In a previous life, I made tiramisu almost every day. A rich, creamy, boozy, fully-caffeinated tiramisu. One whiff, and you’d be awake for three days. It was a heavyweight. So, I was looking forward to trying Dorie Greenspan’s Tiramisu Cake to see if you could get that tiramisu flavor in a lighter version, one without the hassles of soaking and balancing individual ladyfingers on their ends.
Because creating that ring of vertical ladyfingers encircling the tiramisu, with exactly three ladyfingers per slice, was once the bane of my existence. They break. They shift.
Swing low, sweet chariot.
On the other hand, Dorie’s Tiramisu Cake is made of two layers of light, buttery cake brushed with an espresso-Kahlua syrup and filled with a creamy mixture of mascarpone, whipped cream and a little espresso. There’s also a layer of finely chopped chocolate in the middle, mainly for color.
The assembly is quick, and the cake is much lighter than the original dessert – both in flavor and in the fact that you can actually stand up after eating a slice. Coffee-lovers will probably want to double the syrup to truly soak the cake and amp up that coffee-and-Kahlua flavor. Also … I think it needs the ladyfingers. Next time I try this recipe, I’ll replace the top cake with a layer of delicious, delicate, Kahlua-carrying ladyfingers.
Because we go way back.
Adapted from Dorie Greenspan’s “Baking: From My Home to Yours”
- 2 cups cake flour
- 2 teaspoons baking powder
- 1/8 teaspoon baking soda
- 1/4 teaspoon salt
- 1 ¼ sticks (10 tablespoons) unsalted butter, room temperature
- 1 cup sugar
- 3 large eggs
- 1 large egg yolk
- 1 ½ teaspoons pure vanilla extract
- 3/4 cup buttermilk
- 2 tablespoons instant espresso powder
- 2 tablespoons boiling water
- 1/2 cup water
- 1/3 cup sugar
- 1 tablespoon amaretto, Kahlua or brandy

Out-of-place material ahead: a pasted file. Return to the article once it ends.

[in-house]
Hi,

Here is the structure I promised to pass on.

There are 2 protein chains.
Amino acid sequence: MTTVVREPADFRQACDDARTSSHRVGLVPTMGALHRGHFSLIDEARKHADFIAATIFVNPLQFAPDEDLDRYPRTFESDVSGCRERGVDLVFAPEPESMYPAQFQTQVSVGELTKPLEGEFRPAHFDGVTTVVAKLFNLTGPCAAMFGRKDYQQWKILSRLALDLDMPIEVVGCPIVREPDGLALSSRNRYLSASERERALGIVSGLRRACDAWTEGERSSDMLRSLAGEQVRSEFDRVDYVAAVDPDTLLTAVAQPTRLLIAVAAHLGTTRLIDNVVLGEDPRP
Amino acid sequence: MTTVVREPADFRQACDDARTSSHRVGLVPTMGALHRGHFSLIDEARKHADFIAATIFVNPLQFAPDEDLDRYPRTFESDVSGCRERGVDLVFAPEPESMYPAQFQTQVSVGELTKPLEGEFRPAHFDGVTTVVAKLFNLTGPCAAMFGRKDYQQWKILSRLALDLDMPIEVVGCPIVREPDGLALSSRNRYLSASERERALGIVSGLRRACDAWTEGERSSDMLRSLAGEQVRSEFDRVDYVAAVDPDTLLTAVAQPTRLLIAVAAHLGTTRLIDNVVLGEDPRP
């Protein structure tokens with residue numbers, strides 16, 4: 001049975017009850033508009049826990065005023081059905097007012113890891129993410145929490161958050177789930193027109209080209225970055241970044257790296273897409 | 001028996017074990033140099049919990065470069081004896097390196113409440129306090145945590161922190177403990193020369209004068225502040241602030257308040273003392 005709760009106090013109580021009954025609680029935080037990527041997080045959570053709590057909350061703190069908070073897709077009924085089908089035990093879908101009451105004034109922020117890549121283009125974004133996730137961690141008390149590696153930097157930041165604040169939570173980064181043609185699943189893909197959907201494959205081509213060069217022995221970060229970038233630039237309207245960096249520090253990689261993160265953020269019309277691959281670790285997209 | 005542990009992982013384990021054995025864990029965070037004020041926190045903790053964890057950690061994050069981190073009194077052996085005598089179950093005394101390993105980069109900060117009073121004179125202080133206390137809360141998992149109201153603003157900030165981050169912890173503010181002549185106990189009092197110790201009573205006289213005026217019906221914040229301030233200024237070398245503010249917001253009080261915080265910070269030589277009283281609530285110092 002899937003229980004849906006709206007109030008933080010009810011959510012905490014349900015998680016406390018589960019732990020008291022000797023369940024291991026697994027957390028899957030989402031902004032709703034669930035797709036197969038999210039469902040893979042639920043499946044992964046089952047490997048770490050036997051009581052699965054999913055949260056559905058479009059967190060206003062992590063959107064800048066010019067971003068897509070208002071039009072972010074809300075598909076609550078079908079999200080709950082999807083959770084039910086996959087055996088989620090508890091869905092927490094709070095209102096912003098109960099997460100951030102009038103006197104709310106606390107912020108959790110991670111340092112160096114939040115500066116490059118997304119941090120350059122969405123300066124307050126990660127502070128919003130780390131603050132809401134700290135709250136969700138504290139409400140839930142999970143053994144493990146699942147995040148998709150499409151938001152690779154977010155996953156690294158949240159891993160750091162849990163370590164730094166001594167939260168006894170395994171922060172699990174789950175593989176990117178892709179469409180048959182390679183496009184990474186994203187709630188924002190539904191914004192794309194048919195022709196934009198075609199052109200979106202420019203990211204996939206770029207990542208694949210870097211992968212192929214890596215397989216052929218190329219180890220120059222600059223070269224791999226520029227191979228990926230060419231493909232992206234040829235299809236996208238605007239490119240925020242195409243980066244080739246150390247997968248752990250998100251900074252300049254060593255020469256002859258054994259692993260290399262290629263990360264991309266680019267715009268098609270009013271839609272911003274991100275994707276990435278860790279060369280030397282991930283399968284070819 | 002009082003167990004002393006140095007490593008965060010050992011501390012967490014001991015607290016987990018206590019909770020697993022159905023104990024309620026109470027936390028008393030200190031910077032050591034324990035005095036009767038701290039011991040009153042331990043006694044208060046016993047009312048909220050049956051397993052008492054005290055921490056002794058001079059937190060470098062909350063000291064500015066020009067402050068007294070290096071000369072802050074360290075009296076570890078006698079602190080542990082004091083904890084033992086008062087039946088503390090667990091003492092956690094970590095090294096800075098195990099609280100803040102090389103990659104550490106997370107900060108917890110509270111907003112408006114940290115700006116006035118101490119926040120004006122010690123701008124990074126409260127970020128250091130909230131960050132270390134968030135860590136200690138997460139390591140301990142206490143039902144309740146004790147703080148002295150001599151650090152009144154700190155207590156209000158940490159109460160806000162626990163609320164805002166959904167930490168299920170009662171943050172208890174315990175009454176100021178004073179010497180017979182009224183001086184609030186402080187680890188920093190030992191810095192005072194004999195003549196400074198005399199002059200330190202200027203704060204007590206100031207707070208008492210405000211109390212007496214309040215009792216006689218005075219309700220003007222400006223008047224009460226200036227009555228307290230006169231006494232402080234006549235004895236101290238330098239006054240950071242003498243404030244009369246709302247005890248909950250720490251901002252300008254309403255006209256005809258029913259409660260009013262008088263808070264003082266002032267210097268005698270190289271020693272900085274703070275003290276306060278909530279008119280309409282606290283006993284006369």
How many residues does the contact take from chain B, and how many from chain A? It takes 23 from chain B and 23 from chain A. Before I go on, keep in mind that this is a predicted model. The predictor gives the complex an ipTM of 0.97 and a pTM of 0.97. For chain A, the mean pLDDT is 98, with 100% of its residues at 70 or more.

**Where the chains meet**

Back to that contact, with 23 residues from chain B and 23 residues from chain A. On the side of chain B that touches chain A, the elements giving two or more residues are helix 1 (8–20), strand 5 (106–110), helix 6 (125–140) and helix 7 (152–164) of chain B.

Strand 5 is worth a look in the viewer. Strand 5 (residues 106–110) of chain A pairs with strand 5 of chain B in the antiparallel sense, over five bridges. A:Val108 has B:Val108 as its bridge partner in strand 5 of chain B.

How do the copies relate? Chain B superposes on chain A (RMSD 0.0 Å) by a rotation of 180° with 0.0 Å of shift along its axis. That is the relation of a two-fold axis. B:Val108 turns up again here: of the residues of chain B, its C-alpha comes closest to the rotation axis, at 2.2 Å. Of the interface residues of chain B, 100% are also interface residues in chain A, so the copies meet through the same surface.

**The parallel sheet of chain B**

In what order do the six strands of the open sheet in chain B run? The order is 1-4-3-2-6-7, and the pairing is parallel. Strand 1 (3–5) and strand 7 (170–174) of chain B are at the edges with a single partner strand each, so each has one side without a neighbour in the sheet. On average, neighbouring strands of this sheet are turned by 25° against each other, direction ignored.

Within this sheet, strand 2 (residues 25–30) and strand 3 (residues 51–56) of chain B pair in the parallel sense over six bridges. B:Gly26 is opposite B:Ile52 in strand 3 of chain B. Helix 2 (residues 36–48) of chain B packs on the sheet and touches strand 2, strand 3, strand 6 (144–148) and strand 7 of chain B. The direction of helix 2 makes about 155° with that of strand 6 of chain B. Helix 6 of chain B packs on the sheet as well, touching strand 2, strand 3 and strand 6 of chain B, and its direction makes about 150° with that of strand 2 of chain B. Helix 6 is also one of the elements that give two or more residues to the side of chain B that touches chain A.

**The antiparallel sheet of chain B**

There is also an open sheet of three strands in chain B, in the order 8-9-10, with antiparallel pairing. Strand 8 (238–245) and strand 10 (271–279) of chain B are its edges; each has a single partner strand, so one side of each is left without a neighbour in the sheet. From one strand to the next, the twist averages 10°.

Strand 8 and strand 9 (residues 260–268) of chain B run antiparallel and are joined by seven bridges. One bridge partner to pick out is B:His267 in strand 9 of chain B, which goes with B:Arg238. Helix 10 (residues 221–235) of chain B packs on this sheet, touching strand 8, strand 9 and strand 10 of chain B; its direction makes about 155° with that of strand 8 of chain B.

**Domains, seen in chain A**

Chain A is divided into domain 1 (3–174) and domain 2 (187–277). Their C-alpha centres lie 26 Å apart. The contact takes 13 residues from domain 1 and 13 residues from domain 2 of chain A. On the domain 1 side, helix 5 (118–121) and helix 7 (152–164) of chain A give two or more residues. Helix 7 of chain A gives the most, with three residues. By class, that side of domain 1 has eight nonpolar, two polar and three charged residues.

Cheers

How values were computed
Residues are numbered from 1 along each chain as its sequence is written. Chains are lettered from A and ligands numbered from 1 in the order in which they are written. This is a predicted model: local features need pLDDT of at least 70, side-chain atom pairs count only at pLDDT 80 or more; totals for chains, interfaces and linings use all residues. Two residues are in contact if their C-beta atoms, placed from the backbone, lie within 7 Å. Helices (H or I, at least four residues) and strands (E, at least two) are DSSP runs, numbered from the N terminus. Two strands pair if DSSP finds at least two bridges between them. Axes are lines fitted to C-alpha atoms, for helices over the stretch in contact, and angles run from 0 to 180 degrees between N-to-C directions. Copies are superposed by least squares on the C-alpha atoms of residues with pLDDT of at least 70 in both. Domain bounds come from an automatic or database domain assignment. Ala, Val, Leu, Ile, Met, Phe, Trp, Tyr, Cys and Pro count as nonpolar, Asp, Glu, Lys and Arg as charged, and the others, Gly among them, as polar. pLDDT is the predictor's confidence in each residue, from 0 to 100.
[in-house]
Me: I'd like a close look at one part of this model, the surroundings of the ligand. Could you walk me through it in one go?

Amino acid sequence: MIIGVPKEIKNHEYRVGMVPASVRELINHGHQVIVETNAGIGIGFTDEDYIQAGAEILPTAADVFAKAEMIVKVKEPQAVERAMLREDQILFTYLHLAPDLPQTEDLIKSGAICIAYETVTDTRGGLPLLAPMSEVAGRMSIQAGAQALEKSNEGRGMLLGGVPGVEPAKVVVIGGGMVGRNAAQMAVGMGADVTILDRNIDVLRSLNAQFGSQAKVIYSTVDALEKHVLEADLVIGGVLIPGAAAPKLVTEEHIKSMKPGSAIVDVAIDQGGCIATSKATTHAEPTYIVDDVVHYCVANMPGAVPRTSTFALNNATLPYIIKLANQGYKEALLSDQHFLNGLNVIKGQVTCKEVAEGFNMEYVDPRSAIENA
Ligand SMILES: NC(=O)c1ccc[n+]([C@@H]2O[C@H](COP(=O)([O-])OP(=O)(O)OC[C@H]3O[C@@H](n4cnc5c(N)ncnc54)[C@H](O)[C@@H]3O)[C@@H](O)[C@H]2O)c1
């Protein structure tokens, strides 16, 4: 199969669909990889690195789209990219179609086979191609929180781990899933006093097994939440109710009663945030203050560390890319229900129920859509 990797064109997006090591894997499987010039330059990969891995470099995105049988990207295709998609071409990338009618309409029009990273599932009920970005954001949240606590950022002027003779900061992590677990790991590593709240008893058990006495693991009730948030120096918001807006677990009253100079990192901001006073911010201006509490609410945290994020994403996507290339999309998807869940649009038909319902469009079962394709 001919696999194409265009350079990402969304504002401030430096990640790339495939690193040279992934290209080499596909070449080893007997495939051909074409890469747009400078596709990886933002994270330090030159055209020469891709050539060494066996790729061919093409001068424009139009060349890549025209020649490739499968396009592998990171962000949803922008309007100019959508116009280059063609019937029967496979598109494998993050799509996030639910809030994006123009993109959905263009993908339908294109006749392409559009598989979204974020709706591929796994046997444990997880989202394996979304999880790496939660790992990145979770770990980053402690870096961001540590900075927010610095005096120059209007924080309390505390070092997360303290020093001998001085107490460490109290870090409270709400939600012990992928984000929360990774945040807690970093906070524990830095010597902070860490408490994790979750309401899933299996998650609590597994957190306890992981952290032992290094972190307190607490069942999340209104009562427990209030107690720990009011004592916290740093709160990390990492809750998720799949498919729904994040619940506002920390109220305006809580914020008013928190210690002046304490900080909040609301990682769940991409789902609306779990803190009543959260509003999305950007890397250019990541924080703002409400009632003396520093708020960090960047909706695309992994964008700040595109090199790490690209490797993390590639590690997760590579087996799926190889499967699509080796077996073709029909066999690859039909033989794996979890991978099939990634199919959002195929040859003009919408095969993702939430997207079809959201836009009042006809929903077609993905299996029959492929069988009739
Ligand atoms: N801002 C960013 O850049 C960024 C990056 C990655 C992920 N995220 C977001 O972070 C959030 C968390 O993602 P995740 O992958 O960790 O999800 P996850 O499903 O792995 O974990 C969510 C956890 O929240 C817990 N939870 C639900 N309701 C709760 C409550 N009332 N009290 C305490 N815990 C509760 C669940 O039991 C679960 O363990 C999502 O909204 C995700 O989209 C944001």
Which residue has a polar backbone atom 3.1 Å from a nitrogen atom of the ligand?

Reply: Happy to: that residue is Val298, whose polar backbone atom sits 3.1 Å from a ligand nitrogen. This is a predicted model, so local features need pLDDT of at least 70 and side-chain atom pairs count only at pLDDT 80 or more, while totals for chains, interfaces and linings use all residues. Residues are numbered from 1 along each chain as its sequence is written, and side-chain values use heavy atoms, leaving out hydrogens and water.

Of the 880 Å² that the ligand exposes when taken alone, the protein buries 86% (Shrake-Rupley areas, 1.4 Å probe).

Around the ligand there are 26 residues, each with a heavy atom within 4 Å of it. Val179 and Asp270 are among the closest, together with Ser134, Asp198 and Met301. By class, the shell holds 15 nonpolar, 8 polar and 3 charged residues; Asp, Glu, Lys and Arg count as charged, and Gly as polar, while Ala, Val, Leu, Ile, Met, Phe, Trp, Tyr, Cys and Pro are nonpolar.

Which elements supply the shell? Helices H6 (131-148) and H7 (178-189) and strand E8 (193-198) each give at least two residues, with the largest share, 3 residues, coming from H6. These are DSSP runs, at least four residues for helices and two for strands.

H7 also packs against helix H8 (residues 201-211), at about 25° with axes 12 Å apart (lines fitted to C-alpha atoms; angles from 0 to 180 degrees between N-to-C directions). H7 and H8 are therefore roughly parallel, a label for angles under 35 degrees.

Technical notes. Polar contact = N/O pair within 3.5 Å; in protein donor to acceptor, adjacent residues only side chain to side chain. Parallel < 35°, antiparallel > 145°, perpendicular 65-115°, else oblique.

Filling and Frosting:
- 1 8-ounce container mascarpone cheese
- 1/2 cup confectioners sugar, sifted
- 1 ½ teaspoon pure vanilla extract
- 1 tablespoon amaretto, Kahlua, or brandy
- 1 cup cold heavy cream
- 2 ½ ounces bittersweet or semisweet chocolate, finely chopped, or about ½ cup store bought mini chocolate chips
- Chocolate covered espresso beans, for decoration (optional)
- Cocoa powder, for dusting
- Preheat the oven to 350 degrees F. Butter two 9 x 2 inch round cake pans, dust the insides with flour, tap out the excess and line the bottoms of the pans with parchment or wax paper. Put the pans on a baking sheet.
- For the Cake: In a medium bowl, sift together the cake flour, baking powder, baking soda and salt.
- Working with a stand mixer fitted with a paddle attachment, beat the butter on medium speed until soft and creamy. Add the sugar and beat for another 3 minutes. Add the eggs one by one, and then the yolk, beating for 1 minute after each addition. Beat in the vanilla; don’t be concerned if the mixture looks curdled.
- Reduce the mixer speed to low, and add the dry ingredients alternately with the buttermilk, adding the dry ingredients in three additions and the buttermilk in two (begin and end with the dry ingredients); scrape down the sides of the bowl as needed, and mix only until the ingredients disappear into the batter.
- Divide the batter evenly between the two pans, and smooth the tops with a rubber spatula. Bake for 28-30 minutes, rotating the pans at the midway point. When fully baked, the cakes will be golden and springy to the touch and a thin knife inserted into the centers will come out clean. Transfer the cakes to a rack and cool then for about 5 minutes, then run a knife around the sides of the cakes, unmold them and peel off the paper liners. Invert and cool to room temperature right side up.
- For the Espresso Extract: Stir the espresso powder and boiling water together in a small cup until blended. Set aside.
- For the Espresso Syrup: Stir the water and sugar together in a small saucepan and bring just to a boil. Pour the syrup into a small heatproof bowl and stir 1 tablespoon of the espresso extract and the liqueur or brandy; set aside.
- To Make the Filling and Frosting: Put the mascarpone, sugar, vanilla and liqueur in a large bowl, and whisk just until blended and smooth. Working with the stand mixer with the whisk attachment or with a hand mixer, whip the heavy cream until it holds firm peaks. Switch to a rubber spatula and stir about one quarter of the whipped cream into the mascarpone. Fold in the rest of the whipped cream with a light touch.
- To Assemble the Cake: If the tops of the cake layers have crowned, use a long serrated knife and a gentle sawing motion to even them. Place one layer right side up on a cardboard round or a cake plate protected with strips of wax or parchment paper.
- Using a pastry brush or a small spoon, soak the layer with about one third of the espresso syrup. Smooth some of the mascarpone cream over the layer – use about 1 ¼ cups – and gently press the chopped chocolate into the filling.